Australian tycoon buys 10 million Chinese coronavirus test kits despite diplomatic row

WION Web Team
Canberra, Australian Capital Territory, Australia Published: Apr 30, 2020, 02:05 PM(IST)

A file photo of a coronavirus test.  Photograph:( AFP )

Story highlights

The deal comes with Australia and China at loggerheads over the pandemic. Beijing has angrily dismissed Australian calls for an independent investigation into the spread of the disease from the Chinese city of Wuhan.

An Australian mining magnate has unveiled a deal to import 10 million coronavirus test kits from China to Australia, despite a bitter diplomatic spat between the two countries.

The deal comes with Australia and China at loggerheads over the pandemic. Beijing has angrily dismissed Australian calls for an independent investigation into the spread of the disease from the Chinese city of Wuhan.

Andrew Forrest, head of mining giant Fortescue, on Wednesday said he had used contacts to secure an order for the test kits with Chinese genomics firm BGI Group at a significantly lower cost than from rival providers, amid fierce competition.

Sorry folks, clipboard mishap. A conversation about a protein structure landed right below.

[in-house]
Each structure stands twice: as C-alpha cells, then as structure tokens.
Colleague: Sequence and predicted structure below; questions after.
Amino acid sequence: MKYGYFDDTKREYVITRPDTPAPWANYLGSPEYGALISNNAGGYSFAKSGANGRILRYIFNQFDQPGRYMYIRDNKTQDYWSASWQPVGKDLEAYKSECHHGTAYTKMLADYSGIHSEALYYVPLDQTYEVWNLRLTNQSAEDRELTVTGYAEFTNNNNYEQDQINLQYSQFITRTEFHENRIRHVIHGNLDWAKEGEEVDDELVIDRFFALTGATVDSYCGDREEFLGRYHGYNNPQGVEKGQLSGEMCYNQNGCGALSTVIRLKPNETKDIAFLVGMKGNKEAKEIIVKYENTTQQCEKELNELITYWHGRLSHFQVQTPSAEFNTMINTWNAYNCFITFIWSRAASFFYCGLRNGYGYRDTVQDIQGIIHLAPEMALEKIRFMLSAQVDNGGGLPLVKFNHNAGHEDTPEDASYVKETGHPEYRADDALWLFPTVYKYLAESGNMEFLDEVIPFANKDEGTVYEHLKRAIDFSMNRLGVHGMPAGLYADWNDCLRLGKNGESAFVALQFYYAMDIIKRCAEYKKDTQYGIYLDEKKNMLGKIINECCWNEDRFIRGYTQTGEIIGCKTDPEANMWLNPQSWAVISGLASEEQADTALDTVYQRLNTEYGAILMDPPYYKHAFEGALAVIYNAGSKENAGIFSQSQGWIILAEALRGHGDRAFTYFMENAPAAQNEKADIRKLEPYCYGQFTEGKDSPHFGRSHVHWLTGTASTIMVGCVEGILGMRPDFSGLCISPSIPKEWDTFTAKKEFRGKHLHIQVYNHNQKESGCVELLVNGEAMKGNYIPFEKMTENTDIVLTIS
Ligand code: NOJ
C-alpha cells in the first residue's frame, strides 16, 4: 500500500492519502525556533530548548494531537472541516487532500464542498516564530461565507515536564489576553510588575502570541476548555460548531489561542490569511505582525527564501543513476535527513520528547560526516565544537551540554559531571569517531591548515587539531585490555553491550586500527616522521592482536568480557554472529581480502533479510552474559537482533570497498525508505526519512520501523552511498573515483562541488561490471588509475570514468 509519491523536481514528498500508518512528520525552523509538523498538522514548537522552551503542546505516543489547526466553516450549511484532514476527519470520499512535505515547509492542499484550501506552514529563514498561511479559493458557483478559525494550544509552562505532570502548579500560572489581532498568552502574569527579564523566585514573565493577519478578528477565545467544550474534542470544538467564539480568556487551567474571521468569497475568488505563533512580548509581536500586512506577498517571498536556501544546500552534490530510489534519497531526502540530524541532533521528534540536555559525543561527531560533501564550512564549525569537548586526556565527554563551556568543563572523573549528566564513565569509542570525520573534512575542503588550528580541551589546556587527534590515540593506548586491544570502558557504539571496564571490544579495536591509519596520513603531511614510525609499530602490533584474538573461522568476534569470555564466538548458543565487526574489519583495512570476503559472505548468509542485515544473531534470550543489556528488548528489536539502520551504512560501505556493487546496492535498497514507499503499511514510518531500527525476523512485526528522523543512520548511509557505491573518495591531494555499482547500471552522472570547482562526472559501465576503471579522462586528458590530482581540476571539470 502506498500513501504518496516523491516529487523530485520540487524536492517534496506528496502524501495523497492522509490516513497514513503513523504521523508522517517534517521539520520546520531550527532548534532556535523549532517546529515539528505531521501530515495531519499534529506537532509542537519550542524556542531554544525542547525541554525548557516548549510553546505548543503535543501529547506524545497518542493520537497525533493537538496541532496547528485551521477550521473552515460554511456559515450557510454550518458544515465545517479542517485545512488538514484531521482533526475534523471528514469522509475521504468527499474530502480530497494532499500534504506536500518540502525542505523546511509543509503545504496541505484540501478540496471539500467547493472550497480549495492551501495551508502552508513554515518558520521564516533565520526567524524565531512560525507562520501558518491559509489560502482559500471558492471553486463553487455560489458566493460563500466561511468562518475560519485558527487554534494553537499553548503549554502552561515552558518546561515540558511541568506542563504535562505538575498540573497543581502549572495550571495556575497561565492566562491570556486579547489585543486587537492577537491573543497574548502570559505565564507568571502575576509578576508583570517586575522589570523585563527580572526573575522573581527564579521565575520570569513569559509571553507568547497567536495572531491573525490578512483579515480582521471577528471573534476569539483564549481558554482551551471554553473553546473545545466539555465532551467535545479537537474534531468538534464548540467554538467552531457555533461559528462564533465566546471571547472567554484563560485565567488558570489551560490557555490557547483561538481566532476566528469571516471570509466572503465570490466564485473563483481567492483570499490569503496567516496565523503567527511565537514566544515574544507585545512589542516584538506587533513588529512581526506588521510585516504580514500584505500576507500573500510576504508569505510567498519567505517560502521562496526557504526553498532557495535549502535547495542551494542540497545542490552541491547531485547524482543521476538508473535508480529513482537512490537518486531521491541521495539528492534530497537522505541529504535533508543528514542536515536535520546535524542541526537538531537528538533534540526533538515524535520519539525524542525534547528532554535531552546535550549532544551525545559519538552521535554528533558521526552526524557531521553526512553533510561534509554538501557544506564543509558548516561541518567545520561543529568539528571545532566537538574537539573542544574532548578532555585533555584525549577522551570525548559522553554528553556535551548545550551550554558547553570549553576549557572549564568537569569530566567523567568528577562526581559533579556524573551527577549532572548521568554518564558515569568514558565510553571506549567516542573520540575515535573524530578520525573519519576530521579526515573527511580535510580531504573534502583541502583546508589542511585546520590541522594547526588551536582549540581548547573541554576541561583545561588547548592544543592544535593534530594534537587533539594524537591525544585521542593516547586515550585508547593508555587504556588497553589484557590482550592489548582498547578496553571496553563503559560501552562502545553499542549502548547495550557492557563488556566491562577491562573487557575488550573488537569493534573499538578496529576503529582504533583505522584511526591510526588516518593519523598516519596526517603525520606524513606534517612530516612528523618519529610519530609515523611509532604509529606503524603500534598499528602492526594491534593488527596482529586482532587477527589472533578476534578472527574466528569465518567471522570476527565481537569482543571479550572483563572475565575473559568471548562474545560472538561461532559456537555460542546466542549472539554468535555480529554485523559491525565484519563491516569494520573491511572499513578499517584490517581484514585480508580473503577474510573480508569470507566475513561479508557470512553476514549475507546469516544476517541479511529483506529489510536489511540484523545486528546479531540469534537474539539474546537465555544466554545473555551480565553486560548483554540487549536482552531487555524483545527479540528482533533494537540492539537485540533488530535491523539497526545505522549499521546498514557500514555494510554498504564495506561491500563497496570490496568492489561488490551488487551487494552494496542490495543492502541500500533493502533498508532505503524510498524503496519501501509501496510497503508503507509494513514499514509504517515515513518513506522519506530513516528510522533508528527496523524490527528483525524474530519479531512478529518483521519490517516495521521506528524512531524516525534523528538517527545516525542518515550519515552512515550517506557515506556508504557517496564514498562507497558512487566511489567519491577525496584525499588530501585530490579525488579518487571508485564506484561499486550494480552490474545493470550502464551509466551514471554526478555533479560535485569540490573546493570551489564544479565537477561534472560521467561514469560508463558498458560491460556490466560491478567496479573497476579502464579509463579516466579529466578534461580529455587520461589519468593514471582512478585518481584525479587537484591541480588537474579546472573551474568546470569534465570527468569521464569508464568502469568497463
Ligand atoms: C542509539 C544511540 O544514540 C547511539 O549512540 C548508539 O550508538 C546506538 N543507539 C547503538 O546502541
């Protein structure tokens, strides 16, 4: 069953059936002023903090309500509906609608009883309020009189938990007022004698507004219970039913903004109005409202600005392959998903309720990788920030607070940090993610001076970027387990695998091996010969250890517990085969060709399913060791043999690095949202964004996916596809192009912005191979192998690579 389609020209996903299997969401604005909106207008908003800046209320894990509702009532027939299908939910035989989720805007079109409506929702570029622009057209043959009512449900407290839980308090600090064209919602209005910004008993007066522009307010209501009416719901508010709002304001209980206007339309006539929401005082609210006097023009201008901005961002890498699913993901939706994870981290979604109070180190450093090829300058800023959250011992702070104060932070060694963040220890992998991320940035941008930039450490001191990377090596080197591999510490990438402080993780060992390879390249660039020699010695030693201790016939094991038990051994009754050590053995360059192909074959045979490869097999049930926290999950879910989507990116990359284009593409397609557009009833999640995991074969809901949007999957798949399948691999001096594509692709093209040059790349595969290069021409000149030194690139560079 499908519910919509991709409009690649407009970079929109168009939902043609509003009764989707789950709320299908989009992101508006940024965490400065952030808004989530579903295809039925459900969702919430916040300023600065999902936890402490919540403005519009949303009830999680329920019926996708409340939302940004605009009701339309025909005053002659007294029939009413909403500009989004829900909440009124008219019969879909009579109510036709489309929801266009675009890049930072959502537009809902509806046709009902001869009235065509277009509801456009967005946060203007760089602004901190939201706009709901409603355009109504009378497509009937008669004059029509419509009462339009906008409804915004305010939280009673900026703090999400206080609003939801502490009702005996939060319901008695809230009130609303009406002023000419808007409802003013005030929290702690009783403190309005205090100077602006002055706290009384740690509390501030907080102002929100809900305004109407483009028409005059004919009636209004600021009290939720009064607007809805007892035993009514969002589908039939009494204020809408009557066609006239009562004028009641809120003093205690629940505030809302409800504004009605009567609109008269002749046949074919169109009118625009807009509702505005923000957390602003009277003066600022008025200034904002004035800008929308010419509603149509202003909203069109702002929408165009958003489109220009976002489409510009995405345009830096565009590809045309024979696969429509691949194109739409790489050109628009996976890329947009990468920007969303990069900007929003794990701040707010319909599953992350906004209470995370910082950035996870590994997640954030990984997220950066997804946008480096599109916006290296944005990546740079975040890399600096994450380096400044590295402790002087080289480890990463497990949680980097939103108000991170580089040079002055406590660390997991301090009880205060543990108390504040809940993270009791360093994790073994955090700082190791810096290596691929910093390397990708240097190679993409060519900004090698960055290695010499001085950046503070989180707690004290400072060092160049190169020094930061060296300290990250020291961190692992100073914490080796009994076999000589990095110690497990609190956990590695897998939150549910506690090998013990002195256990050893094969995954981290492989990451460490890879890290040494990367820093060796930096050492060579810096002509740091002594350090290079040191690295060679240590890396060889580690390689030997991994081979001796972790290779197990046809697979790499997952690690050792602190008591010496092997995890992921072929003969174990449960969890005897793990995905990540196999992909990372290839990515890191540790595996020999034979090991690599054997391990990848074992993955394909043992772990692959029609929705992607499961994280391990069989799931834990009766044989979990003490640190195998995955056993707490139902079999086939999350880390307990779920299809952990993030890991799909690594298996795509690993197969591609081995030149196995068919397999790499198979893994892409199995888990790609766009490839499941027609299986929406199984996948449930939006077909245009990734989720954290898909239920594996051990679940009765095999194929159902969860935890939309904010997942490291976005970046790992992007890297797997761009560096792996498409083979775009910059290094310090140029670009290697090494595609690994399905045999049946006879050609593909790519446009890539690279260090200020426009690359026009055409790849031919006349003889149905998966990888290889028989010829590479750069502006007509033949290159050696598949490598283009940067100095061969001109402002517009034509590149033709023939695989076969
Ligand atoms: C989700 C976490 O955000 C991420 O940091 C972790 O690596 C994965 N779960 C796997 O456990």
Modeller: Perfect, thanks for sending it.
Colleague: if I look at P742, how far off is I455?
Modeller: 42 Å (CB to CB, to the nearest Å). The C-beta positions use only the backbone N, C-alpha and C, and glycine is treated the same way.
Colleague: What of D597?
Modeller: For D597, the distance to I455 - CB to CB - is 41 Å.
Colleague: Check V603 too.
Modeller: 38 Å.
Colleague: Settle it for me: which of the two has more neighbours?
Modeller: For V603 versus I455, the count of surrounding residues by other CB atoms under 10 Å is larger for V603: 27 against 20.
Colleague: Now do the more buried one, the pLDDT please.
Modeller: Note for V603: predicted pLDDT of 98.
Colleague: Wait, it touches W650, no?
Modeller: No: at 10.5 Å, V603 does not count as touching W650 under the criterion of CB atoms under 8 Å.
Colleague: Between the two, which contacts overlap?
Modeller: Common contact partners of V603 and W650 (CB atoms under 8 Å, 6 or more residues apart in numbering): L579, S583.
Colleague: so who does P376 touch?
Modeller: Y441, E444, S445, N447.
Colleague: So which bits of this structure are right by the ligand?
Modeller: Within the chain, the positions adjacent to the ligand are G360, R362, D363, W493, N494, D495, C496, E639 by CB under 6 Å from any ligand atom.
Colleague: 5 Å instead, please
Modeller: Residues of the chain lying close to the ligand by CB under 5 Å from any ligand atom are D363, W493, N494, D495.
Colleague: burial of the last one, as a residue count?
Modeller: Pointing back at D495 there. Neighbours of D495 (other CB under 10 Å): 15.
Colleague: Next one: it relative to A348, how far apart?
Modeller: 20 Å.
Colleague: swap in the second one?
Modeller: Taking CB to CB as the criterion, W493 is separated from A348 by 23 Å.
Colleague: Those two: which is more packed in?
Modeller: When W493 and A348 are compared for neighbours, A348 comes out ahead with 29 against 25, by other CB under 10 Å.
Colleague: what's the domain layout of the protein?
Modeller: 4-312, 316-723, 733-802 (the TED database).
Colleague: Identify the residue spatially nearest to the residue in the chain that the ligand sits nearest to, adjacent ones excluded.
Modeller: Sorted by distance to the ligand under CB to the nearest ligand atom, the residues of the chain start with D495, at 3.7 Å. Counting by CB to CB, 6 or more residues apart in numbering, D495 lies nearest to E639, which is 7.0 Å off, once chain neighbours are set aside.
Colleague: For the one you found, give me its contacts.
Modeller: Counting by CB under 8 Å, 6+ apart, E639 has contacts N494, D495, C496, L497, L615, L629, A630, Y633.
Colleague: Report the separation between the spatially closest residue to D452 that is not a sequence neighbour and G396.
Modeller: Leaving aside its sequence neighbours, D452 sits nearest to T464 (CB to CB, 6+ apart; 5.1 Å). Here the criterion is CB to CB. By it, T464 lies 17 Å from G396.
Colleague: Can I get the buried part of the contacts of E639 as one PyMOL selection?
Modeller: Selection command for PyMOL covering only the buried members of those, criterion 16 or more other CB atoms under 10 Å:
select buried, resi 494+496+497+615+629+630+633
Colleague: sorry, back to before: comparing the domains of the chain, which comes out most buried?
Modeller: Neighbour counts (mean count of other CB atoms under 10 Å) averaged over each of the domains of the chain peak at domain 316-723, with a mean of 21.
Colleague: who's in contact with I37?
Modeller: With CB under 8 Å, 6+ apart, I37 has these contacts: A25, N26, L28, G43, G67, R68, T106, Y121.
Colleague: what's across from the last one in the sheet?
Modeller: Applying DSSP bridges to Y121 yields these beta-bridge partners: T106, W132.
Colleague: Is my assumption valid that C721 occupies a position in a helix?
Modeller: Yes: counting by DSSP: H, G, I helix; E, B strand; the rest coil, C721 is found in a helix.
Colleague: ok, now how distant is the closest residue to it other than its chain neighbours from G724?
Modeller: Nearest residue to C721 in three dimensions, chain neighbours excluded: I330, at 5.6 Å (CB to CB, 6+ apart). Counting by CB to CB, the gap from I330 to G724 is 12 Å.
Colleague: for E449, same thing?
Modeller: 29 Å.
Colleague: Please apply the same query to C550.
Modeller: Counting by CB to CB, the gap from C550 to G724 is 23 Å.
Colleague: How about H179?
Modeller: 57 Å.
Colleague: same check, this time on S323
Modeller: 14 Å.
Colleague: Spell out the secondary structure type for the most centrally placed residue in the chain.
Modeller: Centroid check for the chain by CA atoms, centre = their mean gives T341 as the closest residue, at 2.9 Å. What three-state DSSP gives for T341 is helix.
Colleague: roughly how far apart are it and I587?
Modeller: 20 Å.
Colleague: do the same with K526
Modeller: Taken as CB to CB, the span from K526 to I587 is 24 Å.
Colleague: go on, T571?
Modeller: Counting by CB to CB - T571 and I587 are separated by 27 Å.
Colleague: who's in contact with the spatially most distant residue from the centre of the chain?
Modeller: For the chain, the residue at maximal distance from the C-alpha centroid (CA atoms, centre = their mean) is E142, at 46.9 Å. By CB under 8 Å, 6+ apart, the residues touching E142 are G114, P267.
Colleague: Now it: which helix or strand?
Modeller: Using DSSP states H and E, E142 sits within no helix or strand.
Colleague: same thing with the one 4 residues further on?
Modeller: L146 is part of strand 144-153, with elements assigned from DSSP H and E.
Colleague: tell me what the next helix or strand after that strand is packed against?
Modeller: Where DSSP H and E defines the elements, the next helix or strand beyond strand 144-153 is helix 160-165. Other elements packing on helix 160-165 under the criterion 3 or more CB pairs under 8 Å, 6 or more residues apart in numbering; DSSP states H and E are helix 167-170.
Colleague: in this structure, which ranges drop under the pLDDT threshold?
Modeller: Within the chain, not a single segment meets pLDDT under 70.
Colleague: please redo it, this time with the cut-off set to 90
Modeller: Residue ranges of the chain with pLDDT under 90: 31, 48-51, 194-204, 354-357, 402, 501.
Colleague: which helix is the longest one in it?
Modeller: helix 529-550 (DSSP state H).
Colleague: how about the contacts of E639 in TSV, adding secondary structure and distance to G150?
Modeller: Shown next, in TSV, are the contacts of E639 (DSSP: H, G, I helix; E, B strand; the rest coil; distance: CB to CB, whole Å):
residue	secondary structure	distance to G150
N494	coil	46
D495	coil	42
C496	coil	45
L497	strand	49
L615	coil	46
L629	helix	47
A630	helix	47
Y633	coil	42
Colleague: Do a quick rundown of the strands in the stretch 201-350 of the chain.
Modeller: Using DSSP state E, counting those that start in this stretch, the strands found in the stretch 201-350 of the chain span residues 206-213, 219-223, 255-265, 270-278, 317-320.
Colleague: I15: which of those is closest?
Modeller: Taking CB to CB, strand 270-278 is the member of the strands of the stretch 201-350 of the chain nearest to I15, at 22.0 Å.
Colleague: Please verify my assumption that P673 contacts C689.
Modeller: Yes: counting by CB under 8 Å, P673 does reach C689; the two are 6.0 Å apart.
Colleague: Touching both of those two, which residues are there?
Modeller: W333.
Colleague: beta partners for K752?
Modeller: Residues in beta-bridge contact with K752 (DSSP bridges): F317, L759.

Australia, which has been one of the most successful countries in containing COVID-19, has so far carried out around 5,00,000 tests in a population of 25 million people.

Delivery of the new tests would dramatically improve the country’s track-and-trace programme and help build the kind of monitoring needed to reopen the country’s economy, said Health Minister Greg Hunt.

Meanwhile, China’s ambassador Down Under has threatened a trade boycott if calls for an investigation continued, leading to a public rebuke by Australian authorities.

Australia's vast mining industry is deeply reliant on Chinese business and China has depended on Australian resources to fuel its rapid economic and infrastructure development.

US Secretary of State Mike Pompeo, who has piled pressure on China over the pandemic, waded into the dispute on Wednesday as he sarcastically said that Australia upset Beijing through its "temerity" to ask questions.

Just hours after the latest verbal volley between Beijing and Canberra, the Chinese consul general in the state of Victoria, Zhou Long, spoke at the announcement of the testing deal – calling it a tribute to the “friendship and the cooperation between our two countries”.

China had released information related to Covid-19 in an “open, transparent and responsible manner”, he said.

(with inputs from AFP)

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